Should intermediaries be getting into setting up their own auto-enrolment schemes? It is hard to read the tealeaves on this one.
On the one hand we have pronouncements from Andrew Warwick-Thompson down at the Pensions Regulator that one of his primary risks for the next few years is a proliferation of master trusts. He is understandably concerned that a 2014 gold rush to set up master trusts will see some prospectors get it wrong. And if and when that happens, he will be the one having to pick up the pieces.
It is a view shared by the Pensions Institute – its Value For Money paper earlier this year predicted that the market will very rapidly contract to about five or six master trust players as soon as 2020. Given there are already many times more than that many master trusts out there – I have heard unsubstantiated reports that there could be as many as 70 – and several intermediaries planning to launch their own versions, that would suggest we can expect a considerable amount of consolidation.
On the other hand we have the organisations setting up master trusts in an environment where everyone is talking about capacity constraints. The massive demand coming down the line will surely mean these schemes get some level of scale. But will it be enough to keep the business competitive over the long term? Advisory businesses I have spoken to going down this route tell me they have TPR, FCA and DWP completely on board, and I have no reason to doubt that.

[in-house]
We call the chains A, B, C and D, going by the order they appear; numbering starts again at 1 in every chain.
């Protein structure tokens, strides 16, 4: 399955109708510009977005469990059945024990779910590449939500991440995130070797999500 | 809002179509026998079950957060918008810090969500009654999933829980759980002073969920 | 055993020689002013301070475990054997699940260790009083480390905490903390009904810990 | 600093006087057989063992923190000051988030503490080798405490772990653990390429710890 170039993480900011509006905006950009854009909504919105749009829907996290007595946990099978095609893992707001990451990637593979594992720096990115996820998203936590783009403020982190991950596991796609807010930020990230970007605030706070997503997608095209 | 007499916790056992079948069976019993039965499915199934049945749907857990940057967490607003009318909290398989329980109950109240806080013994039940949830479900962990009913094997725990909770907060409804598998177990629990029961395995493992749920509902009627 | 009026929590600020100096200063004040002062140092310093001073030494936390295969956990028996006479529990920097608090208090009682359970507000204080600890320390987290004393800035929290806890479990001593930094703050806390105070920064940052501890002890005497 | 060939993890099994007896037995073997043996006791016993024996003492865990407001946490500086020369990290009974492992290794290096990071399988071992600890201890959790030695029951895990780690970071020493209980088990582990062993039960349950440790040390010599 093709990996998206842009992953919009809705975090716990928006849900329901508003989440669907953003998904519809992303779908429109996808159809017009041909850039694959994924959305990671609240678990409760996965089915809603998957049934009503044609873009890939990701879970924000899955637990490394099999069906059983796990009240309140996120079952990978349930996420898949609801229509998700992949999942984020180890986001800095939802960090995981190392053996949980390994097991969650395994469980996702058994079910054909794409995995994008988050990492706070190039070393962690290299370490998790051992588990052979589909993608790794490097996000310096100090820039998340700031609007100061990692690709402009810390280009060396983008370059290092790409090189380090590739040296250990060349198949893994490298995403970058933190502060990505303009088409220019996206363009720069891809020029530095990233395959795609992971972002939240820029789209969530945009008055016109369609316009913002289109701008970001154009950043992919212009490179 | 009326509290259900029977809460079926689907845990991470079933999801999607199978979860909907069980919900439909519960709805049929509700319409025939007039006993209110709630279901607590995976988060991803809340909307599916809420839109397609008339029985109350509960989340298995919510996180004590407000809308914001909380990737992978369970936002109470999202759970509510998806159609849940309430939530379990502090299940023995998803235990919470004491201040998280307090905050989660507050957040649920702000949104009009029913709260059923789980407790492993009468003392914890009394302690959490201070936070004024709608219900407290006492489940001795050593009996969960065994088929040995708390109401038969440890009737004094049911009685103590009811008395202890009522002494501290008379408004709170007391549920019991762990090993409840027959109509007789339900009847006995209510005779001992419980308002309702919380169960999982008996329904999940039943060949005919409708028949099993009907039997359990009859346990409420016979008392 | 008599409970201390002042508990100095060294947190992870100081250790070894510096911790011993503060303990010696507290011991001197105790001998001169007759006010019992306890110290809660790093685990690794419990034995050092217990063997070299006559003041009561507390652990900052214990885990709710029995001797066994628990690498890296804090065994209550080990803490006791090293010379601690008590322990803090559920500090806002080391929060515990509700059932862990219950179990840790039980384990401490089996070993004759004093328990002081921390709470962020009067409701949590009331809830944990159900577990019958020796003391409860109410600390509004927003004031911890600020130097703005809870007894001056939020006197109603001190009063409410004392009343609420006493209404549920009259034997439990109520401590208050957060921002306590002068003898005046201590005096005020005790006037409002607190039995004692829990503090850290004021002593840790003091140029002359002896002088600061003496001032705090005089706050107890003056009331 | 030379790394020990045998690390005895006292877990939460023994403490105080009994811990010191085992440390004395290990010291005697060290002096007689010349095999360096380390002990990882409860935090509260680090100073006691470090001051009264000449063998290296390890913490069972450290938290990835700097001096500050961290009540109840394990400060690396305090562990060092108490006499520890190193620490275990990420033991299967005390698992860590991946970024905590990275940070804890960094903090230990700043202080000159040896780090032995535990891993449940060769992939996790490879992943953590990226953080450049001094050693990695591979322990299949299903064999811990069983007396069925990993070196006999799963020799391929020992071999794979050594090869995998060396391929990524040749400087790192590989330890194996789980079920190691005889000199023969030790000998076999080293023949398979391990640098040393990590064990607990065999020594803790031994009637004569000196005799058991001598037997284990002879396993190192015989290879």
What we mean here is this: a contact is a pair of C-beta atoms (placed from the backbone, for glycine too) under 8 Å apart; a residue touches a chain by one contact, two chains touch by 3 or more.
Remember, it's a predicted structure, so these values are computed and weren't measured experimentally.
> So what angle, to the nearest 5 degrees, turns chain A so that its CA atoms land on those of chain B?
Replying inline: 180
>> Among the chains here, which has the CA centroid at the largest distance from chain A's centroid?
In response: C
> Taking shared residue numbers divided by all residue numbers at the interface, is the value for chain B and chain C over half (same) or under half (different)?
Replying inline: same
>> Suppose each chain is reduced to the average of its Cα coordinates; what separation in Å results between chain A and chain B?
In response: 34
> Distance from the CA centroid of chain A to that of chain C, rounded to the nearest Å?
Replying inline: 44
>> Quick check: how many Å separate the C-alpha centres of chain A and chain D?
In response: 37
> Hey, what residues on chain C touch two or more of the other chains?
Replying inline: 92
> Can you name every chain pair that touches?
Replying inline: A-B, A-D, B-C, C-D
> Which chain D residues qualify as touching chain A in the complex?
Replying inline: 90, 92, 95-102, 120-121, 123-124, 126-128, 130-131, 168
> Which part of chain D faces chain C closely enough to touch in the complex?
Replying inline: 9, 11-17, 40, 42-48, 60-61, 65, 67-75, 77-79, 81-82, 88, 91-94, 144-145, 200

But I do wonder whether immediate capacity concerns aren’t holding back regulators from taking a tougher line on issues such as conflict of interest and charges than they might do five years down the line. Will we see a change of attitude from regulators once the dust has settled and everyone is enrolled?
And if so, how will intermediaries that have taken their first steps towards becoming a product provider cope with what could be an even more austere environment than we have today?
This is a new market, and some entrepreneurs will doubtless do a fantastic job and set up propositions that work for employees, employers and themselves. But nobody should be deluded into thinking this is going to be a short gravy train ride to big money.